People of power and renown often are associated with a particular watch. Vice President Gerald Ford and the Pulsar. Fidel Castro and Rolex. As far as chroniclers are aware, German Führer Adolf Hitler wasn’t a watch lover and never wore a notable timepiece. That said, we know something about Hitler’s watch . . .
Hitler was known to wear a gold-cased pocket watch of unknown origin. He seldom consulted it, as he was constantly surrounded by men who were more than willing to tell him the time.
Click here and look at this clip. It’s the only known image of Hitler consulting a watch. He pulls it from his top pocket.
Note the embarrassment of the officer talking to Hitler; the subaltern is unable to reach for his wristwatch quickly enough to tell his Führer the time. The Swastika-wearing follower to Hitler’s right also automatically consults his watch.
What happened to Hitler’s watch? There’s a revealing passage in the autobiography of Hitler’s assistant, Rochus Misch (top of post and above).
Misch was the last living survivor of the Führerbunker in the final days of the war in Europe. On page 178 of his book Hitler’s Last Witness, Misch recalls Heinz Linge (another of Hitler’s valets, below) throwing a watch away after they’d been captured by the Russians.
According to Misch, Linge says, “There it goes the boss’ watch!” Misch wasn’t sure whether Linge was referring to Hitler’s own watch or one Hitler had given Linge. In his book With Hitler to the End: The Memoirs of Adolf Hitler’s Valet, Linge said that the watch was his own.
Misch destroyed his own wristwatch: a limited edition of 2000 [unknown brand watches] made for the Foreign Ministry as a gift for guests, presented to him by Nazi Diplomat Walthar Hewel.
Misch killed his watch so “the Russians would not have it.” Russian soldiers routinely “confiscated” the watches of prisoners and civilians, and looted watches from the bodies of fallen enemies.
[ED: Day mne svoi chasy – “give me your watch” – were the first Russian words my father learned.]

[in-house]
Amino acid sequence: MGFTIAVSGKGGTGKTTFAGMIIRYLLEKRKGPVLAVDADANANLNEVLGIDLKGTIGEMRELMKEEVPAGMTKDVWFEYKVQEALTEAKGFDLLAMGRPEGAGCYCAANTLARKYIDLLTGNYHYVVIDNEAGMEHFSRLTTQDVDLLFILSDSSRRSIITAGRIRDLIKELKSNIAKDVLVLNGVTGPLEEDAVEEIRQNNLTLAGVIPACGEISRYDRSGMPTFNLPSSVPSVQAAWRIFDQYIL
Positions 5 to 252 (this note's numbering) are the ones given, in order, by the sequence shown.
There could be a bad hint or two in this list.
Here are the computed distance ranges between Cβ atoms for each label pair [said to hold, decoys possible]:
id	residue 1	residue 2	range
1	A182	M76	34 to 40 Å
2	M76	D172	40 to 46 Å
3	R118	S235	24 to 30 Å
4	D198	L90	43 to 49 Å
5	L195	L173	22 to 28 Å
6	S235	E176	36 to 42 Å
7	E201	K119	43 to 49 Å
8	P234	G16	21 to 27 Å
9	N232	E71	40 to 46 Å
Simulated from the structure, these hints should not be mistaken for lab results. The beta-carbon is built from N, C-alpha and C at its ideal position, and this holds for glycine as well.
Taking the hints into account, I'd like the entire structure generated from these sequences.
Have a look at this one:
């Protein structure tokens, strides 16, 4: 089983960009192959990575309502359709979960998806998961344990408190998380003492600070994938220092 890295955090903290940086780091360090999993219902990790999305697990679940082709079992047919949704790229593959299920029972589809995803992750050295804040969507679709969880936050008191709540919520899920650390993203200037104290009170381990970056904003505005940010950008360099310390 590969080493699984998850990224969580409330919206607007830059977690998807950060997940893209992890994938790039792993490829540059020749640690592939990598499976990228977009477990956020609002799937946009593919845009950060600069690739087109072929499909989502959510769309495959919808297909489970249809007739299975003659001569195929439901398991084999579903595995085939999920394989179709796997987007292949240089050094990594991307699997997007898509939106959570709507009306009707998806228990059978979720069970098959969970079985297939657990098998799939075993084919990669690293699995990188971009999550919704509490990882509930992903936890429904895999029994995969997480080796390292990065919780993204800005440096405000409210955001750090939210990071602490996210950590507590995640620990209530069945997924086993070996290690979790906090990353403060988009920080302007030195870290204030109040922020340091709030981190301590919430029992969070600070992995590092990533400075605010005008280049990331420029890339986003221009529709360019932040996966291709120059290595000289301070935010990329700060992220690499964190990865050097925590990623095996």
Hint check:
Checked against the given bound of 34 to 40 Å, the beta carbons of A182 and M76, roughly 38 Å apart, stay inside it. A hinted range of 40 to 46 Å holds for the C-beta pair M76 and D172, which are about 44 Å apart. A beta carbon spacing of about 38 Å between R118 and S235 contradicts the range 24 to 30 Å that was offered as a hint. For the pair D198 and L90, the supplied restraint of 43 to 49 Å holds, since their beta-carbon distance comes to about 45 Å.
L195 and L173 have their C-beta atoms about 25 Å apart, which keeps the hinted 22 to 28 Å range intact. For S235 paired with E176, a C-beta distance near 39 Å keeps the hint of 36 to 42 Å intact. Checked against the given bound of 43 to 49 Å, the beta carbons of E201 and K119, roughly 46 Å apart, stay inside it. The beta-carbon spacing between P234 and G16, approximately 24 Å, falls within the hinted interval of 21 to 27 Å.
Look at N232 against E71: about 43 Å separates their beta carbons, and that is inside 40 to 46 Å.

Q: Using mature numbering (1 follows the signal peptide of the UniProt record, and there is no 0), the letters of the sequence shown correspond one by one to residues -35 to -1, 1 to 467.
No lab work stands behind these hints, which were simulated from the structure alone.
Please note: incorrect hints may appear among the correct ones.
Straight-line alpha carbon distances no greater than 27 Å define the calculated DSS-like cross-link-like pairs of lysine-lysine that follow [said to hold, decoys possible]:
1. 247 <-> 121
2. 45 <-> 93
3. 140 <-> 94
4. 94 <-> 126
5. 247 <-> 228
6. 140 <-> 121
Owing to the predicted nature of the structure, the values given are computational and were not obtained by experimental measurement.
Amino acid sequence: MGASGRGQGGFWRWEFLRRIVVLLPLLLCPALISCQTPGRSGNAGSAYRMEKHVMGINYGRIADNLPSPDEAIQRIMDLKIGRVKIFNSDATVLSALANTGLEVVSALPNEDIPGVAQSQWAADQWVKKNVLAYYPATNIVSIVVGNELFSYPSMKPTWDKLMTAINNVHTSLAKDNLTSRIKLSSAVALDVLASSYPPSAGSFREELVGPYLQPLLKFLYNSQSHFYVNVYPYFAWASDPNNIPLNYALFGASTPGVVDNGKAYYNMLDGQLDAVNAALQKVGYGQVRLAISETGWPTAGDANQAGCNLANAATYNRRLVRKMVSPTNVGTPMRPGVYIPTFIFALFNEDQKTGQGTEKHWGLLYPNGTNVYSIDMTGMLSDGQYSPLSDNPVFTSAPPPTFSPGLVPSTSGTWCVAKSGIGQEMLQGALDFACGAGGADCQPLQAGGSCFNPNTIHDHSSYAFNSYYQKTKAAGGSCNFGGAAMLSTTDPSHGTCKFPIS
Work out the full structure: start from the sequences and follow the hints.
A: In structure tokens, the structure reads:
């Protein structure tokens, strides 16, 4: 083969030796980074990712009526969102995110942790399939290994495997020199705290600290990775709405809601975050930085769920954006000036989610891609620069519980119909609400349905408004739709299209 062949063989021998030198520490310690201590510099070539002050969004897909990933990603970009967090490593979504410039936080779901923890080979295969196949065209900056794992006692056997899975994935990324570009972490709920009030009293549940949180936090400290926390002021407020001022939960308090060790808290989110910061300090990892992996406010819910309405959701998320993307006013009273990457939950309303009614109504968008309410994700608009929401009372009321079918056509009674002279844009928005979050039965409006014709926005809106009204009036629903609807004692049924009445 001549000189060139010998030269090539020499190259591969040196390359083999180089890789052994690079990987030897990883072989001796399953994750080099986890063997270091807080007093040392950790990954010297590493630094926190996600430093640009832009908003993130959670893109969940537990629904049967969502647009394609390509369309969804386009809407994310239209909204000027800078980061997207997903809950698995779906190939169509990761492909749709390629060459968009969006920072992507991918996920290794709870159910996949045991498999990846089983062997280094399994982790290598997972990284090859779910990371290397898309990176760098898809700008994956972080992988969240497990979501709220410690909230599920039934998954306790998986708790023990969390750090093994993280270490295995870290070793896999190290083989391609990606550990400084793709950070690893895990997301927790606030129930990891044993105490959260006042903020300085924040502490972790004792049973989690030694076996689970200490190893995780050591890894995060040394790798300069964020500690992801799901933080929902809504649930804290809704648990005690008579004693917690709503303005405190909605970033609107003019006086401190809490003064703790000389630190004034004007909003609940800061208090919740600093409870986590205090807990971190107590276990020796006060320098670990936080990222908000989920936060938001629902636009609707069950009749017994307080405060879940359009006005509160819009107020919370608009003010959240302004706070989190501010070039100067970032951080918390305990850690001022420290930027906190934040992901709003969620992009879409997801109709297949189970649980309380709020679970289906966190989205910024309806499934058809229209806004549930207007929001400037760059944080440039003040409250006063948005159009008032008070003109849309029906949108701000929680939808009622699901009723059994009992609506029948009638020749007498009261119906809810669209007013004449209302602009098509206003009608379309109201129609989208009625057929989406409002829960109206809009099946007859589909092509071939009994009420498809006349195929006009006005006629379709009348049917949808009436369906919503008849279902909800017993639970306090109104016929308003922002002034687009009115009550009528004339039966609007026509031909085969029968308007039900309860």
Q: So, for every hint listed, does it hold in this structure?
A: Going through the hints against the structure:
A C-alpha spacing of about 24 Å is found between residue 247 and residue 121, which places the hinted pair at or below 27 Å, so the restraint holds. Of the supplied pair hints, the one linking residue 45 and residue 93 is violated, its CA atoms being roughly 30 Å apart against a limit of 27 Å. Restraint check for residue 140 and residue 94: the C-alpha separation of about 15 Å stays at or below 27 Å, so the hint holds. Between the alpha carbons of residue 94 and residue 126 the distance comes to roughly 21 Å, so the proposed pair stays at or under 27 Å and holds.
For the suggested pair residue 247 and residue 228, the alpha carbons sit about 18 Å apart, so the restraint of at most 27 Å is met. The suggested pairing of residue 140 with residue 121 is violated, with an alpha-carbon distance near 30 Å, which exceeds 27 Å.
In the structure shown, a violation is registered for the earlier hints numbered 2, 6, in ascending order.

If Hitler was wearing a watch when he committed suicide, one of the Soviet soldiers who discovered the Führer’s body would have removed it, kept it for himself or sold it. It doesn’t sound likely, but he might have surrendered it to Soviet officials – where it was destroyed or locked away.
Whatever happened to Hitler’s watch, the watches he gave others are still in circulation. Nazis considered a watch from the Fuhrer the most precious honorary gift. Presented to close confidantes, the watches were generally gold A. Lange & Söhne timepieces, supplied by Berlin jewelers A. Lünser.
When Hitler’s gift watches come up from auction, they sell for big money. (The auction houses involved often scrub their websites of images and listings after their sale.)
In 2007, the A. Lange & Sohne pocket watch Hitler gave to his personal physician Dr Theodor Gilbert Morell in 1944 (above) sold for $70k.
In 2006, the Lange watch the Nazi leader bestowed upon Reichsmarschall Hermann Goering – inscribed “In cordial friendship at Christmas 1934” – hammered for $621,691.
In 1939, Hitler gave a special watch to his mistress Eva Braun for her 27th birthday. Made by Eszeha in Switzerland (later known as Chopard), it’s housed in the Munich Pinakothek.
The diamond encrusted timepiece has a dedication on the back: “On February 6, 1939. With all my heart. A. Hitler.” I don’t know what disturbs me most in these simple words – possibly the signature, by name and surname.
The Nazi regime depended on Swiss and German wristwatches to coordinate their annihilation of gypsies, communists, homosexuals, mentally ill and Europe’s Jews (amongst many others). Their leader did not.
Franz Rivoira’s book The Watch Manual details some famous watch wearers. You can find more of his horological writing at Quora.com.
It’s interesting that he stuck with a pocket watch while those around him had moved to the wristwatch. He had served in WWI, when they came into popularity with soldiers. I’d forgotten that pocket watches were carried in the breast pocket with the chain through the lapel buttonhole. I guess that made more sense when coats buttoned higher.
Great article thanks for all. I think Hermanns watch is from 1940, not 1934, according to this link https://www.invaluable.com/auction-lot/hermann-goering-inscribed-14k-cased-pocket-watch-3553-c-591451dbf4
Maybe another watch, I could not find the one from 1934